Local artist Bre Gipson staffed one of the outdoor stations that specialized in assemblage — a three-dimensional form of collage. She displayed her fantastical, ocean-evoking sculptures, fashioned from industrial foam, plastic, and miscellaneous doodads, as examples of the Upcycle ethos: using trash headed for a landfill to create something new and exciting, whether practical or simply visually pleasing.

Gipson’s sculptures demonstrated the joy of the form; bright, shimmery colors and knobby bumps that appealed to curious fingers. She encouraged participants to touch her creations, and children working at her table were quick to take advantage of the opportunity — a significant departure from the museum rules that they might have encountered at a less interactive event.

Inside the building, artist Ed Lay instructed the copper jewelry workshop. Lee Micheaux and her fourth-grade daughter Mariella used popsicle sticks to work the thin metal into leaf-shaped pendants.

“The volunteers are so wonderful — they work so hard,” said Micheaux, who had attended every annual Upcycle event since the first in 2013. She praised the consistent creativity of the art center’s activities — echoing the sentiment of many other parents, who said they were excited to have their kids taught how a little effort and enthusiasm can give easily discarded material a second life.

Richmond Art Center Upcycle 4-24-2015 best shots (5)According to its website, the Richmond Art Center aims to “deliver exciting arts experiences to young and old alike who reflect the diverse richness of our community.”






The Great Tomato Sale

Photo Essay • David Meza

Did you know that Russia has its own special tomato? How about Japan? Kentucky?

If you attended the Great Tomato Plant Sale, “Heirlooms Of The World,” at the AdamsCrest Urban Farm in East Richmond Heights Apr. 11, you would have seen all of them and more. University of California Master Gardeners,
along with city environmental officials and local agricultural advocates, all collaborated to host the annual event, now in its fourth year.

The sale featured high-quality heirloom tomato and vegetable plants, each for $3. More than 200 attendees chose from over 50 varieties of tomatoes, raised by master gardeners from the university and recommended to grow well in home gardens in this area. Also for sale were varieties of vegetable plants, grown on the farm by Urban Tilth, which advocates for healthy food and cultivates agriculture in the county.

The tomato plant sale proceeds will go to support community education classes and the community gardens at the university. Master gardeners from the university were also on hand to answer questions on plant selection, planting, fertilizing, pruning, harvesting and protecting plants from insects.

In partnership with the master gardeners, the city of Richmond’s Environmental and Health Initiatives gave away free compost to community members at the event. Traditionally, the city hosts its own annual compost giveaway, but this year joined forces with the university and Urban Tilth for a community collaboration.

“Instead of hosting [the compost giveaway] independently like past years, we felt the event and donation would be more effective if we collaborate with groups already leading gardening and urban agriculture initiatives in the community,” according to Richmond Health and Sustainability Associate Mike Uberti.

Republic Services donated the compost from its Richmond facility. Richmond remains one of the only cities in the Bay Area with a closed-loop composting program, in which it transforms food scraps from residents into compost and returns it to them.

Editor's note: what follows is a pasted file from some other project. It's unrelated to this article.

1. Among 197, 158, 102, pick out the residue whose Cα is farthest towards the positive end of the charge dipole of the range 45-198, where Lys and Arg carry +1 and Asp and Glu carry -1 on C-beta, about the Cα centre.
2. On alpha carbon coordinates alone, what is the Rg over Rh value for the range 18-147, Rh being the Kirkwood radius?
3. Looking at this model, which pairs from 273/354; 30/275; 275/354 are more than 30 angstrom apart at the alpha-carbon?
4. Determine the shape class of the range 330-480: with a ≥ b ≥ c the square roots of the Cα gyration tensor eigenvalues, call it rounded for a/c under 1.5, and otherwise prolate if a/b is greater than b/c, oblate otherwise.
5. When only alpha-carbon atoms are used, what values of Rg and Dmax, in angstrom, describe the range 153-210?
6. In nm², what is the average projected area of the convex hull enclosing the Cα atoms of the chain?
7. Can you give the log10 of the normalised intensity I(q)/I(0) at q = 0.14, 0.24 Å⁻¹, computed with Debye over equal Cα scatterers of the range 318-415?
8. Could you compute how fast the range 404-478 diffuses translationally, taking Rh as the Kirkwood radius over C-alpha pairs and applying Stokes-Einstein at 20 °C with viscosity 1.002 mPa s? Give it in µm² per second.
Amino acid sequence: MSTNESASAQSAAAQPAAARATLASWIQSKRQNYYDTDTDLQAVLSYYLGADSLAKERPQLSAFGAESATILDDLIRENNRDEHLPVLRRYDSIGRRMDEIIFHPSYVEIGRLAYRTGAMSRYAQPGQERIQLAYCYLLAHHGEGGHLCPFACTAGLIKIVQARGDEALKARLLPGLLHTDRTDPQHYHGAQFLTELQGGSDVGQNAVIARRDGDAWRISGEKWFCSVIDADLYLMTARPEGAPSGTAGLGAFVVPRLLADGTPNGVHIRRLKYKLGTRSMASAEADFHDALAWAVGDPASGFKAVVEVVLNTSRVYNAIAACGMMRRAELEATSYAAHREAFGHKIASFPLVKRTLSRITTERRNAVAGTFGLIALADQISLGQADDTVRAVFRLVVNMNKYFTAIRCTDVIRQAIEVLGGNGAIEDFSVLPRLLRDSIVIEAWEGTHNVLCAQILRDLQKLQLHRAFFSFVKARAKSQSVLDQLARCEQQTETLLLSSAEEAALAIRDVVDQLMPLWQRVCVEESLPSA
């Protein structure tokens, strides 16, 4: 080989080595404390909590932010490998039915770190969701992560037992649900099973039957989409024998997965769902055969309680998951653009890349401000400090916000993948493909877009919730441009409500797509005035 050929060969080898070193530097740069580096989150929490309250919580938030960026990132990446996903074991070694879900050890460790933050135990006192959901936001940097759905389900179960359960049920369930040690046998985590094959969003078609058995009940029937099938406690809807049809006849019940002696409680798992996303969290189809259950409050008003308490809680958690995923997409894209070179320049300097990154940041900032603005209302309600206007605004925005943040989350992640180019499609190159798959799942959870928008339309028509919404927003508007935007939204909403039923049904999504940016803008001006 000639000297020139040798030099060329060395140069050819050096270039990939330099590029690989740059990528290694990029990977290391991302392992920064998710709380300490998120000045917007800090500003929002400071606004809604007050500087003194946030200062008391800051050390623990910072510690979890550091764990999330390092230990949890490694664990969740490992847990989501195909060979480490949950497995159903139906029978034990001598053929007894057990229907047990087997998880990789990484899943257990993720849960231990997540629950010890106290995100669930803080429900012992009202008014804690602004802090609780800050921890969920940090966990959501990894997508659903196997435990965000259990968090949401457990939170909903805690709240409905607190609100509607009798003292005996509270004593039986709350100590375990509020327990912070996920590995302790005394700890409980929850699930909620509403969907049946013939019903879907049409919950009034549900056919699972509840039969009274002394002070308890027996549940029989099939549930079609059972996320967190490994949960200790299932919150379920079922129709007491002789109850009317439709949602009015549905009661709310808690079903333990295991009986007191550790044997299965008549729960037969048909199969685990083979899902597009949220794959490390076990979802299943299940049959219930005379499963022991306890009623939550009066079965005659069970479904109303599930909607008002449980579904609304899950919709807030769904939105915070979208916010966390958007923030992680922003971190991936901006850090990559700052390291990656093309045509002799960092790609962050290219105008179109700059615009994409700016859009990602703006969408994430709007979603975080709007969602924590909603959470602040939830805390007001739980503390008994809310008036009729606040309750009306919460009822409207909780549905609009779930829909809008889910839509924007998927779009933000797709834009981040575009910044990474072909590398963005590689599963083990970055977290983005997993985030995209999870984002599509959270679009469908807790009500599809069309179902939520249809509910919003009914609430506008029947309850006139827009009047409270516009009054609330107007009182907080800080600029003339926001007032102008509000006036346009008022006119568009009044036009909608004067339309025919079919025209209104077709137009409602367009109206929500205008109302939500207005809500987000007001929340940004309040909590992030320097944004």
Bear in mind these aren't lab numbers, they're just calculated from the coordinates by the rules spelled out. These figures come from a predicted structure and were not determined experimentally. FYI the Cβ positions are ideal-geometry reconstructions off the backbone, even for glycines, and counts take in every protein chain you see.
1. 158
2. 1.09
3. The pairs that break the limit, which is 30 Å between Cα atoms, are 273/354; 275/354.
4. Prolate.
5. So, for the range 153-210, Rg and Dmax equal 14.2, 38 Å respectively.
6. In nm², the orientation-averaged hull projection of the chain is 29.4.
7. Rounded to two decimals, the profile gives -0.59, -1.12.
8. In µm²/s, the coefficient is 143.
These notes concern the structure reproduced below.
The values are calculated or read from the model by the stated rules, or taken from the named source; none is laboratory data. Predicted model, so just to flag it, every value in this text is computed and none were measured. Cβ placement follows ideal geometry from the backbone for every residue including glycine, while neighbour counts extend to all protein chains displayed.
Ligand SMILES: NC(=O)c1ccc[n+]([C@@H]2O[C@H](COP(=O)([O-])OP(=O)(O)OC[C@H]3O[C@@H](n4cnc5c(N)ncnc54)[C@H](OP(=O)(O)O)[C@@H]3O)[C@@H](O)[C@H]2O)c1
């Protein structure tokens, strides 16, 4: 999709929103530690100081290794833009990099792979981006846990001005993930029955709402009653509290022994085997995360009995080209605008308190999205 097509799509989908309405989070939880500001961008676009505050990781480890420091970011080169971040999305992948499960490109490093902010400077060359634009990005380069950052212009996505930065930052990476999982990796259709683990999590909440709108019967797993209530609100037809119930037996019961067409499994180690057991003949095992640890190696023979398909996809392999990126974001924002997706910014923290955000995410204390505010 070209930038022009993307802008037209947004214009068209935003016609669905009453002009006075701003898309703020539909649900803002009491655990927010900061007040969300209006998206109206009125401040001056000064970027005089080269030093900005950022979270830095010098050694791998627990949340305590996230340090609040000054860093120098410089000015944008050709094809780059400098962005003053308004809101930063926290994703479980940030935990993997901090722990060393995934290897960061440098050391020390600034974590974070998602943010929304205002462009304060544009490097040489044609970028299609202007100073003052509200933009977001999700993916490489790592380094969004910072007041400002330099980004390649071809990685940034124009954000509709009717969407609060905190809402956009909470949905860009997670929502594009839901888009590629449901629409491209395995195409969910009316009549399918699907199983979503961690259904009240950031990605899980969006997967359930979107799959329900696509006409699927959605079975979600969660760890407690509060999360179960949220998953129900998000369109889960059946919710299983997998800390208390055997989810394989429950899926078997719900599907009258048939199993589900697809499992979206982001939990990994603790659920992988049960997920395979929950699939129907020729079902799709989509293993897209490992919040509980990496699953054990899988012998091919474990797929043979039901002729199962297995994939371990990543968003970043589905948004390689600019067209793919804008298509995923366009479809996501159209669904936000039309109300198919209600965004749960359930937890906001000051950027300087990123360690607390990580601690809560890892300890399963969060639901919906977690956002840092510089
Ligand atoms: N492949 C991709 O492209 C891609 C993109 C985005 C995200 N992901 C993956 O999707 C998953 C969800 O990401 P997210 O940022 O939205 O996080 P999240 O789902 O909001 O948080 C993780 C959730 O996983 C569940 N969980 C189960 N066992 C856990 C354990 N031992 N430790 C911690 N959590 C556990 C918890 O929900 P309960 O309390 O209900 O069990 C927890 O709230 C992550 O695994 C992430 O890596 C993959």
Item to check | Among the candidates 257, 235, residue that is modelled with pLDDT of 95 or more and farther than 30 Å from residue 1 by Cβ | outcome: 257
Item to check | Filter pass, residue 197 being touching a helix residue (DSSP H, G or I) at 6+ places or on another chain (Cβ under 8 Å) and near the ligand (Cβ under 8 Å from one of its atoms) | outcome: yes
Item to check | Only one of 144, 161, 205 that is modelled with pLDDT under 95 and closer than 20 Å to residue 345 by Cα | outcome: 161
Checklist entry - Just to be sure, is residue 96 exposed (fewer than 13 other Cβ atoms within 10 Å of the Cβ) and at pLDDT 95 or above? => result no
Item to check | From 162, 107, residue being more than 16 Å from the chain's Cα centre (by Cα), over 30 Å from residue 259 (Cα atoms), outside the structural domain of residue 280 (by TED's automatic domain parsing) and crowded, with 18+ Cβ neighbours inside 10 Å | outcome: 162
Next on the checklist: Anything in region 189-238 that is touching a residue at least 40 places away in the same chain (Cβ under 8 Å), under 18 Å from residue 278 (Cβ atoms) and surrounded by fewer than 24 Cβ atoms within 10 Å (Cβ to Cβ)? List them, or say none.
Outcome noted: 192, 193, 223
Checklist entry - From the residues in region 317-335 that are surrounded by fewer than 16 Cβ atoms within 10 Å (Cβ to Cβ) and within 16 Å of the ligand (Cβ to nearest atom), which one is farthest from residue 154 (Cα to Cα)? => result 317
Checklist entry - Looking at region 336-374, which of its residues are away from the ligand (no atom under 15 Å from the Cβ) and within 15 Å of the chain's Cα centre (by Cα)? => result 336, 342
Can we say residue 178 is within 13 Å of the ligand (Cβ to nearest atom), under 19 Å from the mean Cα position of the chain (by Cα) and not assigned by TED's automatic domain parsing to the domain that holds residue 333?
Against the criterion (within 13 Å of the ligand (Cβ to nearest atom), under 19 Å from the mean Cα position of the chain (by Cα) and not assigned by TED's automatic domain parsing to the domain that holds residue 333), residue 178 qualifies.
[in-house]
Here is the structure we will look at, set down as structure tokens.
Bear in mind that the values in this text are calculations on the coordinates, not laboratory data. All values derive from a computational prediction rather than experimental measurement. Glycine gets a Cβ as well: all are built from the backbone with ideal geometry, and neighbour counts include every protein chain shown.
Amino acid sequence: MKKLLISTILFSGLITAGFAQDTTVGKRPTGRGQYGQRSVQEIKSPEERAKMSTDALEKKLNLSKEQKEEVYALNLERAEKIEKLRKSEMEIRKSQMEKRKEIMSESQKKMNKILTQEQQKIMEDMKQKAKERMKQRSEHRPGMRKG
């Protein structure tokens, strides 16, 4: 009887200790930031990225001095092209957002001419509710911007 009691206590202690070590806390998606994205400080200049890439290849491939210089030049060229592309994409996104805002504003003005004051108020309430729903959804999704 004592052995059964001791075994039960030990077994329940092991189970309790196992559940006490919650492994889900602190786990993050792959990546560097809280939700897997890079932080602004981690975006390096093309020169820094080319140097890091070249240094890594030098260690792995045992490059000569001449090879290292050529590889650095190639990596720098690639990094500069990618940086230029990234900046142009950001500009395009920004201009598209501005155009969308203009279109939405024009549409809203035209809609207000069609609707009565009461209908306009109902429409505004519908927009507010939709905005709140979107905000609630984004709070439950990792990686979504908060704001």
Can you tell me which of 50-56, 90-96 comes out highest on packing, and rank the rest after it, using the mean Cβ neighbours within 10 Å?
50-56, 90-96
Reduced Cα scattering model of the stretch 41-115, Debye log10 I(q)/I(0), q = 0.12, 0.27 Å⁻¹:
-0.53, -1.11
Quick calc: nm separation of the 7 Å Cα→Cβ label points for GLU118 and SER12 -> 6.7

Along with offering vegetable and locally made honey, staff from Urban Tilth coordinated their monthly volunteer day, in which community members can learn hands-on about sustainable methods for growing food while harvesting fresh fruits and vegetables.

AdamsCrest Farm, formerly a field of the recently closed Adams Middle School, was repurposed by Urban Tilth into an operational farm in 2009.

Indian or American? Fight Over Yoga in US Can Tie Us Up in Knots

Criss-cross applesauce?

That’s what a school in Encinitas, California, calls the padmasana or lotus position in its effort to make yoga sound more all-American.

It worked. A three-judge panel of the 4th district court of appeal has upheld a lower court ruling that the Encinitas school district could continue to offer yoga programmes to its students.

It’s being hailed as great victory for yoga which it is. The court has basically told a group of paranoid parents that the yoga mat is not some red carpet laid out to usher Hinduism into American schools. And just because they learn to sit in a lotus position, these school children were not being indoctrinated into some exotic Eastern religion.

The courts reassured the parents that not only was the programme “secular” and not about “advancing or inhibiting religion” but it was also now “a distinctly American cultural phenomenon” despite its Indian roots. The school superintendent hailed the original decision calling yoga “21st century P.E.” with “amazing” health benefits as if it was not thousands of years old.

What would Shripad Naik, India’s cabinet minister for yoga make of that?

Narendra Modi has made it quite clear that he’s putting the Indian back in yoga. He went to the UN and asked for an International Yoga Day. He set up a cabinet post. He told CNN’s Fareed Zakaria how he tells everyone to practice yoga. He is a bona fide yoga evangelist. And the Make in India PM wants there to be no question that yoga was Made in India not born out of immaculate conception in a Manhattan studio.

And therein lies the problem of ownership. Could India claim yoga the way a region in France claims champagne and protects it from fizzy fascimiles elsewhere? For that to happen, writes Tanaya Basu in The Atlantic, Modi would need to secure a “geographical indication” which is a formal acknowledgement of a “location’s importance to a specific product”. But yoga, Basu writes “unlike champagne – which is made from grapes grown in a particular region with distinct weather conditions and soil content – yoga can’t be held in your hand.”